MSBL Veteran and 29-year World Series competitor Bob Sherwin was recently the subject of an article in his local paper, The Acorn, Agoura Hills, California
Bob Sherwin grew up playing baseball.
He got married, became a partner at a law firm (no one can resist a Bob Loblaw “Arrested Development” joke here), raised children and had grandchildren.
By the way, he’s still playing baseball.
Cal Ripken Jr., who played 2,632 consecutive major league games, is not.
Sherwin, 72, is a player and manager for the LA Athletics and Westlake Bandits adult baseball teams. The Westlake man’s squads have captured 28 world series championships in various age brackets since joining the Men’s Senior Baseball League (MSBL) circuit in 1991.
“I love the game. I’ve loved it since I was a kid,” Sherwin said.
Sixty-five thousand adults are registered in the MSBL. Sherwin happens to be one of the most successful figures in the league—he was inducted into the league’s hall of fame in 2019. He earned a spot in the league’s world series hall 15 years earlier.
A boyhood hobby has become a lifetime passion for Sherwin.
“If somebody had ever told me 40 years ago that I’d be playing hardball at the age 72, I’d say you have a screw loose,” he said.
Sherwin was born and raised in the San Fernando Valley. He lived in Van Nuys before moving to Woodland Hills in 1958, where he attended Taft High.
He played two years of baseball at San Fernando Valley State College, now Cal State Northridge.
Sherwin and his wife, Jeanne, raised two children together: Rob, a law professor at Texas Tech, who played baseball at Oak Park and Agoura high schools; and Tara, a former alumni director at American University with a master’s degree in college administration who grew up playing Westlake Agoura Girls Softball. Tara, who recently opened her own dance studio, lives in North Potomac, Md.
Bob Sherwin, who coached several of his children’s youth teams, is a former president of Agoura Pony Baseball. He spent five years on the league’s board.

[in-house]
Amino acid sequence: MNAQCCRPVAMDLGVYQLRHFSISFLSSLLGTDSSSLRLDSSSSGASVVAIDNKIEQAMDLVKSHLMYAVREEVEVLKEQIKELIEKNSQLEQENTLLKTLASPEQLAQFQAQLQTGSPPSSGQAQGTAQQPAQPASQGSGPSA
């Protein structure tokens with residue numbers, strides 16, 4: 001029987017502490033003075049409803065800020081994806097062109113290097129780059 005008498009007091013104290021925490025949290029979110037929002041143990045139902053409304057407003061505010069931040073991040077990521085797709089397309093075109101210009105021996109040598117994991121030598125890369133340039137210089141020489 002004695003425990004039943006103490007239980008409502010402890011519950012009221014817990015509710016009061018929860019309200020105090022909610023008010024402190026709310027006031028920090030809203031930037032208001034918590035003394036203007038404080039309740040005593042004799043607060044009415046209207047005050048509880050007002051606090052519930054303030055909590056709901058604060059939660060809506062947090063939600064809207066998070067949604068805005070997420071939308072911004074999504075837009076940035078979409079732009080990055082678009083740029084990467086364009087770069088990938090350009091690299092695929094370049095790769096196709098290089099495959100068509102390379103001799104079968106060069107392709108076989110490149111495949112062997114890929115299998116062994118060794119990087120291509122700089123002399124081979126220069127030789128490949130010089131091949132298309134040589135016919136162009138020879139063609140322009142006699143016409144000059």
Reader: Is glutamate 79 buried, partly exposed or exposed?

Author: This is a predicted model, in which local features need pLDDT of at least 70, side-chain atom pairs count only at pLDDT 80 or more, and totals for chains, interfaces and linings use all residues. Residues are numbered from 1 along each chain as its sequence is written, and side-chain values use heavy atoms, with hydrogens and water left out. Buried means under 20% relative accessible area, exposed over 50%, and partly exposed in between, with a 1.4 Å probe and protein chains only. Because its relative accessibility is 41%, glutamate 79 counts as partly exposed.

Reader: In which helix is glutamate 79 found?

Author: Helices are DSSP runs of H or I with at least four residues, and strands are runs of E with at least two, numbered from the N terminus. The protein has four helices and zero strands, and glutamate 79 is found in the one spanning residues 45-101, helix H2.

Sherwin still feels like a kid on the diamond, even if his body doesn’t always cooperate.
“I still dive for ground balls when I probably shouldn’t,” he said.
He seriously banged up his right shoulder in 2013 diving into first base during a championship game. He’s had two surgeries on his right shoulder, and he needed to repair his hamstring in 2016.
Sherwin has played adult baseball with approximately 1,000 people, he estimated.
Paul McPherson, 70, of Redondo Beach patrols the hot corner for the Athletics and the Bandits. He’s played with Sherwin for 15 years. Sherwin, he said, is the driving force behind the teams.
“Even though you’re talking about old guys, there’s still these incredible egos. Everybody truly believes they’re the best. Bob will carry 30 guys on a team but nine guys play. To manage that, we all recognize how difficult that is,” McPherson said. “Without him, it just doesn’t’ happen.
“This sounds hokey, but the quality of our lives has been significantly enhanced by his presence and diligence. Who would do this? Who would want to deal with 30 guys? Nobody’s happy all the time. He organizes it. He keeps it together.”
Mike Thatcher roams center field for the Athletics. He’s known Sherwin for almost a quarter century. The 67-year-old Huntington Beach man started playing against Sherwin in a father son division. Thatcher joined the Athletics about 18 years ago.
“It’s been very rewarding,” he said. “We’re playing a kids’ game. Every time we’re together and talk amongst each other, we always say how fortunate we are to be on a baseball field at our age.”
Thatcher said Sherwin is competitive and gracious.
“There’s no one who wants to win more than he does,” Thatcher said. “He is the most unselfish person I know. He would do anything for anybody on this team. . . . He’s one of the greatest people I’ve ever been around.”
Sherwin, a managing partner at Lewis, Marenstein, Wicke, Sherwin & Lee, LLP, reached the semifinals with a separate team in Minnesota in October; he also played with his crew in Arizona. The ongoing COVID-19 crisis has ground baseball to a halt in Southern California.
Sherwin, who exercises every day, isn’t ready to hang up the spikes yet. He’d like to play until he’s 75, maybe longer.
“I still get excited about it,” he said. “When I play in a world series and step on the field in a championship game, I still get butterflies.”